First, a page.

Volcanic Eruptions Linked to Cold Weather Events
When a volcano erupts, it's not just the local area and weather that will be affected. In fact, weather and climate around the world can be influenced, as large eruptions throw volcanic ash particles into the stratosphere.
Locally, these particles attract water droplets and therefore cause rain events. In addition, higher occurrences of thunder and lightening are observed in the area. But the release of sulphur dioxide gas into the stratosphere, which converts into sulphate aerosol particles, reflects incoming sunlight and creates an overall temporary cooling effect of a much larger area on Earth's surface.
To study these effects, researchers have analyzed medieval chronicles in order to catch a glimpse into how historical volcanic eruptions affected the weather in Ireland up to 1500 years ago.
The Irish Annals are a series of written entries detailing major historical and political events, as well as a systematic and sustained reporting of meteorological extremes.
Researchers assessed over 40,000 written entries in the Irish Annals and compared them with measurements taken from ice cores, successfully linking the climatic aftermath of volcanic eruptions to extreme cold weather events in Ireland over a 1200-year period from 431 to 1649.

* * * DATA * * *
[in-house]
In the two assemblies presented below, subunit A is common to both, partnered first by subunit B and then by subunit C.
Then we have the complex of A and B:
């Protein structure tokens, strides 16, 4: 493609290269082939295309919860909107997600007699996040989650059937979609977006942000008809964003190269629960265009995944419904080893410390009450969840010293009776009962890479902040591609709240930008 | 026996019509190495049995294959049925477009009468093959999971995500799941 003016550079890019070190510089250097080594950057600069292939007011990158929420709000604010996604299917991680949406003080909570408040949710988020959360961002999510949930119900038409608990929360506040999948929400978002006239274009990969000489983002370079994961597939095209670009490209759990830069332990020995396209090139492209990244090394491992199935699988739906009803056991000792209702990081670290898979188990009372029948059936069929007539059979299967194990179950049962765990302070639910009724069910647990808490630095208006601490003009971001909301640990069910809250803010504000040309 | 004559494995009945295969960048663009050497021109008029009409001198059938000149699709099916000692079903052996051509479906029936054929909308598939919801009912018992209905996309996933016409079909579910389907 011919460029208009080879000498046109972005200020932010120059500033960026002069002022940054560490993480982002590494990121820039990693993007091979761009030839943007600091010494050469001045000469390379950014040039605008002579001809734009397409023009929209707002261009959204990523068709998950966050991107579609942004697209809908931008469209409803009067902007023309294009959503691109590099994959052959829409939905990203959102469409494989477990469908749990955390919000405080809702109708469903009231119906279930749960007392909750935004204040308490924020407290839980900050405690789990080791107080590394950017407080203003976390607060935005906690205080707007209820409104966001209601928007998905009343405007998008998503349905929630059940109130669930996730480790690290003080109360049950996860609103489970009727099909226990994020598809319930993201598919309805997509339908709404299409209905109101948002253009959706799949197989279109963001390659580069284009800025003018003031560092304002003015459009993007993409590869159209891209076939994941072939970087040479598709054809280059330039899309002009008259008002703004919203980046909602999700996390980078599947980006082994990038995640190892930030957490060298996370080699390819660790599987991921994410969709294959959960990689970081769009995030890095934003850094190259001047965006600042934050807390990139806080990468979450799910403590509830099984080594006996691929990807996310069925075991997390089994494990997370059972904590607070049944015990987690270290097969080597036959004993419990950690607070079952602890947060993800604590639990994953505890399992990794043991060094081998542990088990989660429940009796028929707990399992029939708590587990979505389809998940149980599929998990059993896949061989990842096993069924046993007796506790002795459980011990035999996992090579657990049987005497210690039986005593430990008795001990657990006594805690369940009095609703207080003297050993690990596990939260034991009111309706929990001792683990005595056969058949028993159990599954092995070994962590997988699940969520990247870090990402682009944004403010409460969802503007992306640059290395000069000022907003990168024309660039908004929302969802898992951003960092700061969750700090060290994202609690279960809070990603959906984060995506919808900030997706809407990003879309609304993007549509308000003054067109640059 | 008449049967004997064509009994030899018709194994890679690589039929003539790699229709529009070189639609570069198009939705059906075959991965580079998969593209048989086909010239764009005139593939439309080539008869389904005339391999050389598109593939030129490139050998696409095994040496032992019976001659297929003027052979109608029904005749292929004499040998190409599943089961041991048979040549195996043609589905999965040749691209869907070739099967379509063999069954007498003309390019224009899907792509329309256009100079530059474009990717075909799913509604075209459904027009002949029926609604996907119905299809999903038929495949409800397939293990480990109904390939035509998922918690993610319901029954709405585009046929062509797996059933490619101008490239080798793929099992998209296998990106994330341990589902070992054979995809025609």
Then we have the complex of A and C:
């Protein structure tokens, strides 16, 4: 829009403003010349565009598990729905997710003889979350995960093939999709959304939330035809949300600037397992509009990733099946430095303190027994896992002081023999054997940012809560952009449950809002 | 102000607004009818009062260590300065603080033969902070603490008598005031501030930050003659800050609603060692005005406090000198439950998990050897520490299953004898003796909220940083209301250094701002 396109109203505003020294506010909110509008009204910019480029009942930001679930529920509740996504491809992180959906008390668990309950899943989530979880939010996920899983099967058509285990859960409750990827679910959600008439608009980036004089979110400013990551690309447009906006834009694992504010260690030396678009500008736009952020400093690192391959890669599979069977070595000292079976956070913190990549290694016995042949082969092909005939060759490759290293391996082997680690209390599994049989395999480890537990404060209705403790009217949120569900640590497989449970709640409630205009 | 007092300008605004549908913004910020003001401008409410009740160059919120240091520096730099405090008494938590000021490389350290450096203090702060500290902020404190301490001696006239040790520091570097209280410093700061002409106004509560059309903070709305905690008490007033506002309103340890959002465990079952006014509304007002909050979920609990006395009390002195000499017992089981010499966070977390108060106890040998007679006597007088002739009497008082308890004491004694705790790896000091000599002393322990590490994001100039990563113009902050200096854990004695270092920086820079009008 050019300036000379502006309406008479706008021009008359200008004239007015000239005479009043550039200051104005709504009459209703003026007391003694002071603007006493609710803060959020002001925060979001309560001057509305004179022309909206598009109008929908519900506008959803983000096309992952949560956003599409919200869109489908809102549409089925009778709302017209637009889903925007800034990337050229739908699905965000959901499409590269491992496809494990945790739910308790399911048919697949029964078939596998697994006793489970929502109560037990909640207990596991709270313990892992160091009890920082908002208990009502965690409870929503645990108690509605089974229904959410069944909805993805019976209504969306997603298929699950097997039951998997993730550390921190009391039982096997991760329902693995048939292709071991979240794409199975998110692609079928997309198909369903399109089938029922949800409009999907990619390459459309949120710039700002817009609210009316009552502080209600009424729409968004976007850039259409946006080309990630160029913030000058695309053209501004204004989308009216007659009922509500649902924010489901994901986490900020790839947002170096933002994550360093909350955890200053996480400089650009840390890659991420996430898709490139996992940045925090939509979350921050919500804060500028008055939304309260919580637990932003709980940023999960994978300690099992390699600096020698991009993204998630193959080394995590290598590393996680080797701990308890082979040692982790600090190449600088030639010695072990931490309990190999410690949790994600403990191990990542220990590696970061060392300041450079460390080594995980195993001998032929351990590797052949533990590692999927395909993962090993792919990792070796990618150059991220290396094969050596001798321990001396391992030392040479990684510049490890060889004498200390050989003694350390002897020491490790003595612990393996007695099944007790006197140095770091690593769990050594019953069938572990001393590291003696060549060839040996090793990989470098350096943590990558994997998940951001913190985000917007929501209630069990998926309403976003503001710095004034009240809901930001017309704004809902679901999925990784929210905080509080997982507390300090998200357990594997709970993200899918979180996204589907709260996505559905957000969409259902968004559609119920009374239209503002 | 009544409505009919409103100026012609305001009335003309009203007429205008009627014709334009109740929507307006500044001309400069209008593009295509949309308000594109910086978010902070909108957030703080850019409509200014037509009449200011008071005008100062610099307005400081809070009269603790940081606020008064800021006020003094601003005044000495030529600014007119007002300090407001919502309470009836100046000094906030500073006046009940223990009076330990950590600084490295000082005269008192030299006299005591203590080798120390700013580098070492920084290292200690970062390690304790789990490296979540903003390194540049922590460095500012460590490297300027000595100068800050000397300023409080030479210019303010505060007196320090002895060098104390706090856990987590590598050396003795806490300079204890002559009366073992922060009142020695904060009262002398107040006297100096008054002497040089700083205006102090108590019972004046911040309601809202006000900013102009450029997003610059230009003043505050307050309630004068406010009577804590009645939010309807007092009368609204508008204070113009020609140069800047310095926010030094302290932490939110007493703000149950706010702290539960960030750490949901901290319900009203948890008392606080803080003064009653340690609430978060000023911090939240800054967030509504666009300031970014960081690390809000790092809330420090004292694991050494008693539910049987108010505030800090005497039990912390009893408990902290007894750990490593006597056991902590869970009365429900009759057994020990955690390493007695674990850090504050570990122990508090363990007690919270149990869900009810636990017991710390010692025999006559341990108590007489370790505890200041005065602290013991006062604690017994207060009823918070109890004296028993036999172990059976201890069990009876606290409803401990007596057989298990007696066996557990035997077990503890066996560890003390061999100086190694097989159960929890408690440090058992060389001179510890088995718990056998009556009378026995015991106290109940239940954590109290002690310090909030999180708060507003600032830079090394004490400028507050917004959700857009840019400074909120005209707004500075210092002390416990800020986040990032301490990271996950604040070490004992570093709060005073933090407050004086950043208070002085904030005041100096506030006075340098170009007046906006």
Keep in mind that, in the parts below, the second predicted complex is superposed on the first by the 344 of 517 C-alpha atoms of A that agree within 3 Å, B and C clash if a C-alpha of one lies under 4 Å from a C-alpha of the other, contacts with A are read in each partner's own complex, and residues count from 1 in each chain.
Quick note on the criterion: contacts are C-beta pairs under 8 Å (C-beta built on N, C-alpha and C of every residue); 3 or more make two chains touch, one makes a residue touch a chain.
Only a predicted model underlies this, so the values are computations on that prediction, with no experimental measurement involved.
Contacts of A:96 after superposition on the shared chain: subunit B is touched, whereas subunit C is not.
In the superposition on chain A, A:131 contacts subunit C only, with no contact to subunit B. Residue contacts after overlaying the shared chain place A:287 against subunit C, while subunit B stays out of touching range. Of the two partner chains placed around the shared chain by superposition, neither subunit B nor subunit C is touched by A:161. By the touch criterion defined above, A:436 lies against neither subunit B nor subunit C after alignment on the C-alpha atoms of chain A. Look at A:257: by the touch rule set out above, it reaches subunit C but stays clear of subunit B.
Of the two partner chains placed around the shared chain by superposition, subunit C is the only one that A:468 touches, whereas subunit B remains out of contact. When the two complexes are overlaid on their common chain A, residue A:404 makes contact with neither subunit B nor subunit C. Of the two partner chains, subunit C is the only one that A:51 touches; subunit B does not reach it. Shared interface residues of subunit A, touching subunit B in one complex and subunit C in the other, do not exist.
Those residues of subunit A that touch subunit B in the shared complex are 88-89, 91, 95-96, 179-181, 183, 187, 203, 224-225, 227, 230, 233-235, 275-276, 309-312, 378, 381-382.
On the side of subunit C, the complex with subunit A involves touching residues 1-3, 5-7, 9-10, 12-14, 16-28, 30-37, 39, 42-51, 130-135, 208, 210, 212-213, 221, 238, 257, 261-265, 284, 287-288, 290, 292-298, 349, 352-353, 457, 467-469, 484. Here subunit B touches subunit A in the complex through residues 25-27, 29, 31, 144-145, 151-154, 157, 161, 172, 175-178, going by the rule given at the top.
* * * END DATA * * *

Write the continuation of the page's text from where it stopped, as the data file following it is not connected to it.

48 volcanic events were noted and 38 were associated, closely in time, with 37 extreme cold events, which were identified by systematically examining written entries in the Irish Annals.
Lead author of the study, Dr Francis Ludlow, from the Harvard University Center for the Environment and Department of History, said: "It's clear that the scribes of the Irish Annals were diligent reporters of severe cold weather, most probably because of the negative impacts this had on society and the biosphere.
"Our major result is that explosive volcanic eruptions are strongly, and persistently, implicated in the occurrence of cold weather events over this long timescale in Ireland. In their severity, these events are quite rare for the country's mild maritime climate."
While the global effects of recent eruptions are quite well-known and understood, less is known about their effects on climate before the beginning of instrumental weather recording, or their effects on regional scales. However, the Irish Annals provided an opportunity to explore both of these issues.
"It is on the regional scale that we need to refine our understanding of this relationship as ultimately, it is on this scale that individuals and societies plan for extreme weather," continued Dr Ludlow.
The study was published last week in the journal Environmental Research Letters.
See more at the Institute of Physics.
Volcano image via Shutterstock.